The Indagadora was the nineteenth conviction of a slave ship by the Havana Slave Trade Commission. This Spanish schooner, under the command of Ramon Casal, began its voyage at Havana and set sail for Lagos on 25 December 1831 with a cargo of cotton goods, aguardiente and gunpowder. On 14 May, the ship sailed from Africa with 138 people on board and 4 individuals died during the middle passage. On 22 May, Casal died from a fever that he caught on the coast of Africa and Bartolomé Alemañy took command of the ship.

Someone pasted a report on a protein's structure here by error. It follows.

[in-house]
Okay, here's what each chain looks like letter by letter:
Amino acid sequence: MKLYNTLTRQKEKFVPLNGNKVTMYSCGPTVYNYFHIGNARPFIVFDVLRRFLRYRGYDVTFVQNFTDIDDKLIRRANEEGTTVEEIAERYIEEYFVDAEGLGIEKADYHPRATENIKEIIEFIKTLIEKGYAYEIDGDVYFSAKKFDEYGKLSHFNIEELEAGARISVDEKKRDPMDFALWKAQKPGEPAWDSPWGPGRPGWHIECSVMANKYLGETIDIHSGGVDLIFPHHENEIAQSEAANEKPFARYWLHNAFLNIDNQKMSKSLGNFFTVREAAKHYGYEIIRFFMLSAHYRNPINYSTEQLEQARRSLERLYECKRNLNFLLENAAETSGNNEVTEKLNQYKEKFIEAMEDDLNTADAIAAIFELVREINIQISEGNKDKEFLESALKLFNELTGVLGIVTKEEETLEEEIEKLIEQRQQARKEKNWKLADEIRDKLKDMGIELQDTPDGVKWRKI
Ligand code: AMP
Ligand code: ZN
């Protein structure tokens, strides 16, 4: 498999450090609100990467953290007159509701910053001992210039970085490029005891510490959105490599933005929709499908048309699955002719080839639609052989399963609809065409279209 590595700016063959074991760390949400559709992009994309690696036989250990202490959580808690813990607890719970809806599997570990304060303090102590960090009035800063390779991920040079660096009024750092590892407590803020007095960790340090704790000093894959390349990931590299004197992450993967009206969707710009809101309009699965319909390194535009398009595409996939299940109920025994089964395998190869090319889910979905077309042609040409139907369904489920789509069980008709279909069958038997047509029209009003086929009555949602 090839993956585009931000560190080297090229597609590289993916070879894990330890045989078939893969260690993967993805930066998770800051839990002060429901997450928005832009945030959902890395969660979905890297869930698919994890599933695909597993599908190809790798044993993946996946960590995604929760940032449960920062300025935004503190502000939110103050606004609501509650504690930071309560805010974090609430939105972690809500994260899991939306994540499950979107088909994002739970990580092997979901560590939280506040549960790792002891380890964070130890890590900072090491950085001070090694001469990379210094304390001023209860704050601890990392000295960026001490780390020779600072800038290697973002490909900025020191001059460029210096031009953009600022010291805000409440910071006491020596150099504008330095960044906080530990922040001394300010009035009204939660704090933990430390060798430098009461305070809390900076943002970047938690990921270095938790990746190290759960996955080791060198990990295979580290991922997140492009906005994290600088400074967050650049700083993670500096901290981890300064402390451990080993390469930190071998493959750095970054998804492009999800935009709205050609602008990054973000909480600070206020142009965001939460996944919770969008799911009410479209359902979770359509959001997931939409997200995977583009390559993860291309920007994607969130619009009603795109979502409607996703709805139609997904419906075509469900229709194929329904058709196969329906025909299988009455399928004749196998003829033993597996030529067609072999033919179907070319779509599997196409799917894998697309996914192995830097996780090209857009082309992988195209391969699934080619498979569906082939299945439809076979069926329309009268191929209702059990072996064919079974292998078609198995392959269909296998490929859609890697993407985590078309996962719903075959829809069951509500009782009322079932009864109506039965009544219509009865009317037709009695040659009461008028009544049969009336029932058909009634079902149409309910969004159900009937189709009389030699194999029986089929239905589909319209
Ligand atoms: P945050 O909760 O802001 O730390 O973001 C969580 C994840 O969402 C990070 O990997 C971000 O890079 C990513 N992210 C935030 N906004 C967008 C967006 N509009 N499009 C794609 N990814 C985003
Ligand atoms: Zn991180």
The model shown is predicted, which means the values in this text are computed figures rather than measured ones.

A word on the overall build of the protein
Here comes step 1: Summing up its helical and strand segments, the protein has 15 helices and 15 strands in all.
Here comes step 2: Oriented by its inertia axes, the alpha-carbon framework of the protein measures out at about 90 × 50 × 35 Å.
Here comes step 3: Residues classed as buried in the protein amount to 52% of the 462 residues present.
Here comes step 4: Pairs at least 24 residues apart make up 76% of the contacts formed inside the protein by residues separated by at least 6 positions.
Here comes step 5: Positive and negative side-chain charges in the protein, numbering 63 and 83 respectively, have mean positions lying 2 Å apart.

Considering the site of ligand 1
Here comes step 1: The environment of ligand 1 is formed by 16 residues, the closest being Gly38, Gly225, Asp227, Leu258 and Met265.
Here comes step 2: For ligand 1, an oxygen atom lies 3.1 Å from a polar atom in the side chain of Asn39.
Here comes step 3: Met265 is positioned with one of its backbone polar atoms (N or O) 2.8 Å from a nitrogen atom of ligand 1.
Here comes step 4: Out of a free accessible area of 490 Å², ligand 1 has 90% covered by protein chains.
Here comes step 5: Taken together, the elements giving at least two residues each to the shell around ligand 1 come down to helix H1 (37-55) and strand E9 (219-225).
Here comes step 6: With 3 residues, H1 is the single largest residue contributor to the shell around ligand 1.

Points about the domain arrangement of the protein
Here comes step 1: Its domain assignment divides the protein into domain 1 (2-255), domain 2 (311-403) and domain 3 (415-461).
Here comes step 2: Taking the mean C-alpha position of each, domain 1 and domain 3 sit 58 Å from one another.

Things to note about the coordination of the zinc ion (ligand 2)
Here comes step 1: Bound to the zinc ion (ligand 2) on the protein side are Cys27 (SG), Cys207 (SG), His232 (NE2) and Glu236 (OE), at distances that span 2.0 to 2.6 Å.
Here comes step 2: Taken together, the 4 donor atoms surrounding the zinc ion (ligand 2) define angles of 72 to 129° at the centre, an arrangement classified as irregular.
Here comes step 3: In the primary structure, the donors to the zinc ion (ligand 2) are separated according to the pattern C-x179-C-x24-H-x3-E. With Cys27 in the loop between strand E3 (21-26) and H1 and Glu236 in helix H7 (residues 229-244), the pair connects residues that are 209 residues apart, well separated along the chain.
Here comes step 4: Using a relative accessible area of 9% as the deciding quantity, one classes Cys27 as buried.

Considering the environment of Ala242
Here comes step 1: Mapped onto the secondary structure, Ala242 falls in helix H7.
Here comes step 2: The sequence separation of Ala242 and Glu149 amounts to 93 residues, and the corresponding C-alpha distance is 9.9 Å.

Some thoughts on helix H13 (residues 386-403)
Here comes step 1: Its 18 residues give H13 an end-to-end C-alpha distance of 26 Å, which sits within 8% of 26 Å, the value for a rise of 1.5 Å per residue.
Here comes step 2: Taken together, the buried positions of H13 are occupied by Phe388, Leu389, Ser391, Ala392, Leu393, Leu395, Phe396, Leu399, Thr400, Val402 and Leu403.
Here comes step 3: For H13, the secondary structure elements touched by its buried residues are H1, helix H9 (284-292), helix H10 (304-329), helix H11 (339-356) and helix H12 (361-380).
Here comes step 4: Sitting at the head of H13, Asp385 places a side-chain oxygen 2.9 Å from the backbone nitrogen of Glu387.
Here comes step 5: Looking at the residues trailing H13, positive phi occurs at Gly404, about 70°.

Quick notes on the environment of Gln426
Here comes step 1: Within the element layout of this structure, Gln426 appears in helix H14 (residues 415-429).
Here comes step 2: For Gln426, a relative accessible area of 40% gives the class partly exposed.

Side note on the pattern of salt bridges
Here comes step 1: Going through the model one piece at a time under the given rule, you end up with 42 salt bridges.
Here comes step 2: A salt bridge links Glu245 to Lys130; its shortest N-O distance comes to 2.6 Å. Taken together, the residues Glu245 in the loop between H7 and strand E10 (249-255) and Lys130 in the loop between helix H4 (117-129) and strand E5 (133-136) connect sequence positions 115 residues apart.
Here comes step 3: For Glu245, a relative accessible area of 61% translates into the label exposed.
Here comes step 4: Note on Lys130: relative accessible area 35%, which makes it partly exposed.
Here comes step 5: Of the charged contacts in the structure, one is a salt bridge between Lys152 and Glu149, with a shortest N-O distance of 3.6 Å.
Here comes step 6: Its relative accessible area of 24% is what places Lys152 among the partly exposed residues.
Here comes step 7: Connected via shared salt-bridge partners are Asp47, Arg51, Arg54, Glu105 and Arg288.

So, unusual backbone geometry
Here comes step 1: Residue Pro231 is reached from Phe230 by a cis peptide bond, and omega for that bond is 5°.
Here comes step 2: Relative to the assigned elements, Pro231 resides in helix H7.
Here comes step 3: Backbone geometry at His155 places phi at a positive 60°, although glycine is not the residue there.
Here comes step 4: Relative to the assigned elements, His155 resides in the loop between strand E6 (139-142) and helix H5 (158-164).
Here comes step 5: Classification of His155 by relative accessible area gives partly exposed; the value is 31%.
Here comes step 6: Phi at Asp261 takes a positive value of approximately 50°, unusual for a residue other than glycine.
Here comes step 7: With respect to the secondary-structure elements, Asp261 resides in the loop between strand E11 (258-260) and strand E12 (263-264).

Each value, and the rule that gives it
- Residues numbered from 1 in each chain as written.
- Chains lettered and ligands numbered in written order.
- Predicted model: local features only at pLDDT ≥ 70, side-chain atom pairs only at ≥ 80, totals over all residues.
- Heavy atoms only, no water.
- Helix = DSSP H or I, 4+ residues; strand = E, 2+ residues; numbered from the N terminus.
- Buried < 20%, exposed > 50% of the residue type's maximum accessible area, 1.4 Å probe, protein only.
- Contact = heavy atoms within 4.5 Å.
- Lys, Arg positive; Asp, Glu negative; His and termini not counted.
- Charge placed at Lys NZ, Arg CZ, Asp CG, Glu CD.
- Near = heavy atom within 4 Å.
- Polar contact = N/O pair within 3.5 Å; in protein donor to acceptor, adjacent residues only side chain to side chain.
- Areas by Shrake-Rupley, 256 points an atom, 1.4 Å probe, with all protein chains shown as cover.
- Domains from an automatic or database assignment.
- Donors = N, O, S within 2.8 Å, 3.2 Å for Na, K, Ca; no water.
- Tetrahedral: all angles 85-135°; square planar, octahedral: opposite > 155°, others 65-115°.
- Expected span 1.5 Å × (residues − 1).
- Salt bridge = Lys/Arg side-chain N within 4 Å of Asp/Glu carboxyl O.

On 25 June 1832, the HMS schooner Speedwell, under the command of William Warren, had just completed the trial related to the Águila and decided to return to the southside of Cuba. Almost immediately, Warren detained this ship near the Isle of Pines around N21°30 and W83° and escorted it into the Bay of Havana to await trial. At the time of her seizure, there was sufficient water and provisions and nobody died during the trial. On 9 July, the court condemned this ship for sale and issued emancipation certificates for 134 people.
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